WASHINGTON - Iraq's Arab neighbors yesterday appealed to the country's elected government to rework the new constitution on behalf of Sunni leaders who over the weekend rejected a draft of the document.
In an interview with the BBC, the secretary-general of the Arab League, Amr Moussa, said, "I do not believe in this division between Shiite and Sunni and Muslims and Christians and Arabs and Kurds. ... I don't buy this and I find in this a true recipe for chaos and perhaps a catastrophe in Iraq and around it."
The 22-member Arab League includes Iraq as well as Syria, which President Bush's top aides have accused of actively helping the Iraqi insurgency. Saudi Arabia and Jordan are also members, and terrorist leaders in Iraq have been known to draw funding from bank accounts in both countries affiliated with Saddam Hussein's Baathist regime. None of the league's members - now excepting Iraq - hold regular elections or anchor their laws in the protection of individual liberties.
Over the weekend, Sunni Arab negotiators in Baghdad rejected a compromise constitution draft after objecting to language that would ensure the elimination of the Baath Party and federalist provisions that would give significant autonomy to provinces as opposed to the central government in the capital.
"We don't want to wage a war against anybody, but we say this draft has been written in a way that will divide and tear apart Iraq," a top Sunni negotiator, Saleh al-Mutlaq, told the Associated Press yesterday. "This constitution was written in a hurry and also passed in a hurry."
In June, American commanders and some Iraqi leaders began negotiations with Sunni insurgent leaders, in an attempt to compel them to participate in the talks regarding the new charter, even though many of the provinces under rebel control had boycotted January's National Assembly elections. Those efforts, stage-managed from Washington, have failed.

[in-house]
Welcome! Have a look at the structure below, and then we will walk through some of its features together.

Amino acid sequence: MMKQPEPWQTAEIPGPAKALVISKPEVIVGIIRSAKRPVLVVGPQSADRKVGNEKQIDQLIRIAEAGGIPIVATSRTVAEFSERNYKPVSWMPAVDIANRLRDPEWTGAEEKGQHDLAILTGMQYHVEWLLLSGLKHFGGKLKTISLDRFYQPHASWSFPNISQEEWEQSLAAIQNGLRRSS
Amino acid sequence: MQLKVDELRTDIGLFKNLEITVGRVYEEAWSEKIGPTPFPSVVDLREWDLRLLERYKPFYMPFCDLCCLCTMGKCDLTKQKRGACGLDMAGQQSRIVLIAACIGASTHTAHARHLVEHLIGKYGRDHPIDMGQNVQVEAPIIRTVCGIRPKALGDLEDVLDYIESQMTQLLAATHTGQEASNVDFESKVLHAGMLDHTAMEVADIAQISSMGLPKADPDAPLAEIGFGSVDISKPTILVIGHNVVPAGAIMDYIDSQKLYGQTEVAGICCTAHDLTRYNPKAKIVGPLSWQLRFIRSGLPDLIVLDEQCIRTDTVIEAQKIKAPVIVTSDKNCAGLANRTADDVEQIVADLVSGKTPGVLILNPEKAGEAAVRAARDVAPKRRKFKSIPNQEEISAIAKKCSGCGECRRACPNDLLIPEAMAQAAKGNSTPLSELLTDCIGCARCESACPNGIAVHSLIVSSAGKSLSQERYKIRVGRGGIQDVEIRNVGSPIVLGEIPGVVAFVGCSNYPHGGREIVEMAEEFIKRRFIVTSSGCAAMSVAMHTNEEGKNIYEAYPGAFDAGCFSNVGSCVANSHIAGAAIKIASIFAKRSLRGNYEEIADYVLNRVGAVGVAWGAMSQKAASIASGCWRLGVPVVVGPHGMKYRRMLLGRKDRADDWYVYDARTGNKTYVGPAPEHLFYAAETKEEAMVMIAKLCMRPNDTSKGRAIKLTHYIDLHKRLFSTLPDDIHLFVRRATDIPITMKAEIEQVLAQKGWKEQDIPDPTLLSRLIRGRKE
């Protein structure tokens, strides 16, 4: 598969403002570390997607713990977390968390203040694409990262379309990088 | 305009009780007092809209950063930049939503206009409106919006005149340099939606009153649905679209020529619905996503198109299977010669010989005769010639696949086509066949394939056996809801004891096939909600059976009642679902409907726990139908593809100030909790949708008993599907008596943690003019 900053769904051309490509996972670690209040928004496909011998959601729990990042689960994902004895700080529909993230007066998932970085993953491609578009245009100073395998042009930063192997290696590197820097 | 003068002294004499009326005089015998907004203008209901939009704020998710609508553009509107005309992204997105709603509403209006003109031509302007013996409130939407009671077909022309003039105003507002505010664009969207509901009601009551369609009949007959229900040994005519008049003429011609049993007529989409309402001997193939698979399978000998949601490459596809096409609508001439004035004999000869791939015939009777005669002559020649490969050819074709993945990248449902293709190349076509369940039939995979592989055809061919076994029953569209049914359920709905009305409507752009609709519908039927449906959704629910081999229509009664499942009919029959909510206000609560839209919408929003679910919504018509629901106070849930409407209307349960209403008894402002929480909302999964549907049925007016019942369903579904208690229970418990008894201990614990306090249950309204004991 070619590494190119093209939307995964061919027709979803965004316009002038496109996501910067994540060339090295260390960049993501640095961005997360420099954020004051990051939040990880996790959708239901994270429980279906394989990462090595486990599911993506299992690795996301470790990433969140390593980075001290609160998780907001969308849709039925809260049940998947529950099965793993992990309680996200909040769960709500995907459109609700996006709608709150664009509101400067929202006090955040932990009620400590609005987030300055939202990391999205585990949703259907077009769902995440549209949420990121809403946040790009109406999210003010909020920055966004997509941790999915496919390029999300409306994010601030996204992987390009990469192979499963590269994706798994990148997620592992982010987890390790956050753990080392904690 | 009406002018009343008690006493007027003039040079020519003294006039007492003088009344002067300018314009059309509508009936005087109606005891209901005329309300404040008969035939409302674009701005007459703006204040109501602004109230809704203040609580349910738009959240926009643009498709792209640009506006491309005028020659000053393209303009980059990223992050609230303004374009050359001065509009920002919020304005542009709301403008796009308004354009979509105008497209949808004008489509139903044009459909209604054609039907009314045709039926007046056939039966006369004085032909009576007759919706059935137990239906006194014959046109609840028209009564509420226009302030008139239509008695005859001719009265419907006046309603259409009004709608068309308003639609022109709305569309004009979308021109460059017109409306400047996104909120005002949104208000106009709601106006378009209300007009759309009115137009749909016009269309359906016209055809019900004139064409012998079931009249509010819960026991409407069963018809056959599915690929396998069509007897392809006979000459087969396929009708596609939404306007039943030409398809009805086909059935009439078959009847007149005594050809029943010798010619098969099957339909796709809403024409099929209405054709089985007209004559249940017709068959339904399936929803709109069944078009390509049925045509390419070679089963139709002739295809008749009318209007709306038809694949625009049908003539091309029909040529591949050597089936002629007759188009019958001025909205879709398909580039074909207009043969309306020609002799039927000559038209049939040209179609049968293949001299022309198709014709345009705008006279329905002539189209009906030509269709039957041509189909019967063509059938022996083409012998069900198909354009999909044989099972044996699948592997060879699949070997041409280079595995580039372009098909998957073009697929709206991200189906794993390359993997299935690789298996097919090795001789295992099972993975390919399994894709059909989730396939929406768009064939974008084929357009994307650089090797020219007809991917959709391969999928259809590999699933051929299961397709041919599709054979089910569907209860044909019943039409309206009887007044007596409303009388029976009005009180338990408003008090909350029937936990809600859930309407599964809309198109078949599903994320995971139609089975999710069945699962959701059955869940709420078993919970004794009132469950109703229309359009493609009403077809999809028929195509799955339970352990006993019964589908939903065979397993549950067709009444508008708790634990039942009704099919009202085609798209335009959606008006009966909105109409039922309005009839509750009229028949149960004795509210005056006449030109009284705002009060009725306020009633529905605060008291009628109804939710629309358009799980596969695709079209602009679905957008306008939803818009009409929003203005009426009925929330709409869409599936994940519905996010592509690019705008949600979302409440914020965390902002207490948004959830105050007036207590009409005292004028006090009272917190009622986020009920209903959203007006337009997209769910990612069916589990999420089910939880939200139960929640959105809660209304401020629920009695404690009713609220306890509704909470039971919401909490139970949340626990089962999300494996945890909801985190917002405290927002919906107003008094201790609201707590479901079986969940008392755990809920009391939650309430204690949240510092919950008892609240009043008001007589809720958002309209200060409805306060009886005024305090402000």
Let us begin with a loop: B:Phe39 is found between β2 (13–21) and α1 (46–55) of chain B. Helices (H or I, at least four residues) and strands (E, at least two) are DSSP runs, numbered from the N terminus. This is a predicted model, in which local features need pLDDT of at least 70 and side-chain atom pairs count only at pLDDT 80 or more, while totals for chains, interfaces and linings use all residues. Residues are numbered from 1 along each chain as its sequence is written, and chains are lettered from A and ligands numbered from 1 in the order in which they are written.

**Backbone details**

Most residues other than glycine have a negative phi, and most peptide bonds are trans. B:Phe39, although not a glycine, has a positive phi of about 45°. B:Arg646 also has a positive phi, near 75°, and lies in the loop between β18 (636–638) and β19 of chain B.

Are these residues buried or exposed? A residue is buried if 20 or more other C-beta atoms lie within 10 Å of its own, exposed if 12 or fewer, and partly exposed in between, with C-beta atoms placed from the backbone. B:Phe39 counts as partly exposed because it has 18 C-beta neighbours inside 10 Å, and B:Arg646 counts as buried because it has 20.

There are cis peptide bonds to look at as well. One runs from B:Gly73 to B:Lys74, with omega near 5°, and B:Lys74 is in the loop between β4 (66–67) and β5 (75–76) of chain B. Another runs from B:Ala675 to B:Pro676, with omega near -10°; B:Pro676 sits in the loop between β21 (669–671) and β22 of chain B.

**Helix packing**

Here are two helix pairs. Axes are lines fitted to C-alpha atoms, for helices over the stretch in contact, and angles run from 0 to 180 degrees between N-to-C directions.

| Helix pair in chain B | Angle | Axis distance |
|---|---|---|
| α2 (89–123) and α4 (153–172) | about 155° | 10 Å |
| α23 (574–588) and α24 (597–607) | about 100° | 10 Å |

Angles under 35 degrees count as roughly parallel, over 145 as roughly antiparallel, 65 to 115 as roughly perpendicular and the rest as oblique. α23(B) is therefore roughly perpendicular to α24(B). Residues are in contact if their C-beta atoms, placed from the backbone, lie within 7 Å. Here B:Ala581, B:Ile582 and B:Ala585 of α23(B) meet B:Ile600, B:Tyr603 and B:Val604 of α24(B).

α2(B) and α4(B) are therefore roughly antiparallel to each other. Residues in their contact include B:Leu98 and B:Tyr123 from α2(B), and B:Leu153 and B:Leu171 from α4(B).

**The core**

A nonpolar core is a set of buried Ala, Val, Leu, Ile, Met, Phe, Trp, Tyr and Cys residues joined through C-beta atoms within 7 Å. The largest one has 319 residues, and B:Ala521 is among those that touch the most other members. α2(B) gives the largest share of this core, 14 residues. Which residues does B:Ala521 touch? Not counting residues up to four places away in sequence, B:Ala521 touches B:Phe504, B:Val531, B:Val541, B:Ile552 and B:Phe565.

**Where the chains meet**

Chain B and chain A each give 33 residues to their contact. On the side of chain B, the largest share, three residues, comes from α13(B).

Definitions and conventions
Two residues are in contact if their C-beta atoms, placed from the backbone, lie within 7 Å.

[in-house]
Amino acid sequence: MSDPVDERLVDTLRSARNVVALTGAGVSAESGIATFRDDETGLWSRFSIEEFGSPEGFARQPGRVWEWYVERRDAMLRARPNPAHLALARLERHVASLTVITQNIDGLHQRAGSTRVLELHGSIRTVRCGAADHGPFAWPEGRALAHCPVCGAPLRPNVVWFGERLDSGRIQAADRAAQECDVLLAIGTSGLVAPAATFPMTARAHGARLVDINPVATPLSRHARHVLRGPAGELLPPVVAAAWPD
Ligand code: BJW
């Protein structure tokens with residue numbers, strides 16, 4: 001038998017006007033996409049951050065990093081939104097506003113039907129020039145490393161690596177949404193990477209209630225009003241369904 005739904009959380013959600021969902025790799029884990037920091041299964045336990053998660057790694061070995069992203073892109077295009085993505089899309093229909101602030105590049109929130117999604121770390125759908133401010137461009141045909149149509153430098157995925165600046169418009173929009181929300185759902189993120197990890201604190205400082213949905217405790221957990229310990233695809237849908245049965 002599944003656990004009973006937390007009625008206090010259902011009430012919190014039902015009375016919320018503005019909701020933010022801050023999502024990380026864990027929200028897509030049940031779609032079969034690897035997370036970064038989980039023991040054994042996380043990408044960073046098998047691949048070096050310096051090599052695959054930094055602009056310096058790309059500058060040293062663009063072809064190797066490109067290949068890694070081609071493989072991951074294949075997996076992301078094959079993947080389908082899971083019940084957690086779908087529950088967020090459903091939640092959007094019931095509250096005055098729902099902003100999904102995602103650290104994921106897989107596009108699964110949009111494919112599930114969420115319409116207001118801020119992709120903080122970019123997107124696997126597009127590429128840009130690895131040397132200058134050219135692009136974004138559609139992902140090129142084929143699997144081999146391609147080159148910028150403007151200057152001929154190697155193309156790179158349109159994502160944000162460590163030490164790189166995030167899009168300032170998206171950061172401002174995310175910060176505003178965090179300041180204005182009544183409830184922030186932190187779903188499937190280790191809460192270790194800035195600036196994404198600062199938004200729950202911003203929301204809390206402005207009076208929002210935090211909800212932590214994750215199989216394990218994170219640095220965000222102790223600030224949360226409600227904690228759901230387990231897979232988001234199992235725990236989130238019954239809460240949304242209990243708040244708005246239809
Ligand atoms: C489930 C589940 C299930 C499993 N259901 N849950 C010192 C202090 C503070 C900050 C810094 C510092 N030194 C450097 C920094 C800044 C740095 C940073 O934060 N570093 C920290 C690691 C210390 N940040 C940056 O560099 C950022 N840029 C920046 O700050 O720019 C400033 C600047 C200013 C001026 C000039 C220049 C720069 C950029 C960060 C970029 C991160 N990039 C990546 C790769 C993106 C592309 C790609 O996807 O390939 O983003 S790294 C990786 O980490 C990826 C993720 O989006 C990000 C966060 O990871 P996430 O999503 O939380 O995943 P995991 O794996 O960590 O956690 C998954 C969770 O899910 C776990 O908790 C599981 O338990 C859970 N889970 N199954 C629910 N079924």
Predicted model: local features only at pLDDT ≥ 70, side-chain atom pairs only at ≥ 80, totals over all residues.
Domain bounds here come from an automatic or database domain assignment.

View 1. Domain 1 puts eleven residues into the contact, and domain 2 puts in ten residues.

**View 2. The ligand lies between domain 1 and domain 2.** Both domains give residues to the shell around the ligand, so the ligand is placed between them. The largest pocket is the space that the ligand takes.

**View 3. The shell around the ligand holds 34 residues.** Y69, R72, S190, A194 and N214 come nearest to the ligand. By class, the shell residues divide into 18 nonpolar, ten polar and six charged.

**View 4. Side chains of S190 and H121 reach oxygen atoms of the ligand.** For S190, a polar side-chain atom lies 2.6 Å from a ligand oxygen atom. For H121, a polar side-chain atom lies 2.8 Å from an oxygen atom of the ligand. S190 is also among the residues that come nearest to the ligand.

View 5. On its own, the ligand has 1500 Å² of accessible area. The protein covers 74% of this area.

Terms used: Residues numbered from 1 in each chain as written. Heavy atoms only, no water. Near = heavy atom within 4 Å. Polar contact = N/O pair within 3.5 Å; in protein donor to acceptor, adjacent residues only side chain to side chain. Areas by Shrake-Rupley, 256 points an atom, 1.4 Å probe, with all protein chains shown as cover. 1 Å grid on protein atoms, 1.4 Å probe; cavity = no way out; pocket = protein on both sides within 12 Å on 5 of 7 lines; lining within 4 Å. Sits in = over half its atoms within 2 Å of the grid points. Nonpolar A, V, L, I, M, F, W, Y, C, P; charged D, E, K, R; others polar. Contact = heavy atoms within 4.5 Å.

Sources in Baghdad told The New York Sun that the Sunni rejection of the draft proved that the negotiators were neither empowered nor inclined to compromise on the current version of the constitution, which enshrines free elections, a mortal threat to the political supremacy Sunni Arabs have enjoyed in Iraq since the days of Ottoman Empire. Representatives of the Sunni Arabs in Iraq maintain that they are a demographic majority, a claim that would be tested - and likely proven wrong - in a free election.
Yesterday, Sunni Arab leaders staged demonstrations in Saddam Hussein's hometown of Tikrit against the draft constitution. According to the Associated Press "about 2,000 people, mostly Sunnis, marched Monday against the constitution." The wire service reported that some of the demonstrators "carried pictures of Saddam and repeated chants heard in countless stage-managed protests during his regime: 'We sacrifice our souls and blood for you, Saddam.'" Others carried pictures of a Shiite cleric, Muqtada al-Sadr, who also opposes the constitution's provisions that would grant regions significant provincial autonomy.
In Arizona yesterday, President Bush acknowledged that Sunni Arabs had rejected the draft constitution praised by himself and his aides. "Not everybody agreed with it, but now the Iraqi people get to decide, they get to debate, they get to make the decision this fall as to whether or not that constitution will be the constitution that governs their society," he said.
Yesterday, a State Department spokesman, Sean McCormack, echoed Mr. Bush's assessment, saying that it will be up to the Iraqi people in October to vote on the document. "We are only at the very beginning of the ability of the Iraqi people, all the Iraqi people, including the Sunni population, to take a look at the constitution, read it for themselves, and decide for themselves how they're going to vote on October 15," he said.
Yesterday, large numbers of Sunni Arabs in the former terrorist stronghold of Fallujah began registering to vote in the October 15 referendum. If two-thirds of the voters in any three provinces vote against the constitution, it is rejected according to the rules of the transitional administrative law, drafted by the old Iraqi Governing Council during the American-led occupation in 2004.
Yesterday the Beirut Daily Star quoted a Sunni tribal chief, Sheik Majed Jassim al-Showah, as saying, "Everybody is registering to vote in the referendum. This constitution is against Iraq as a united Arab Islamic nation."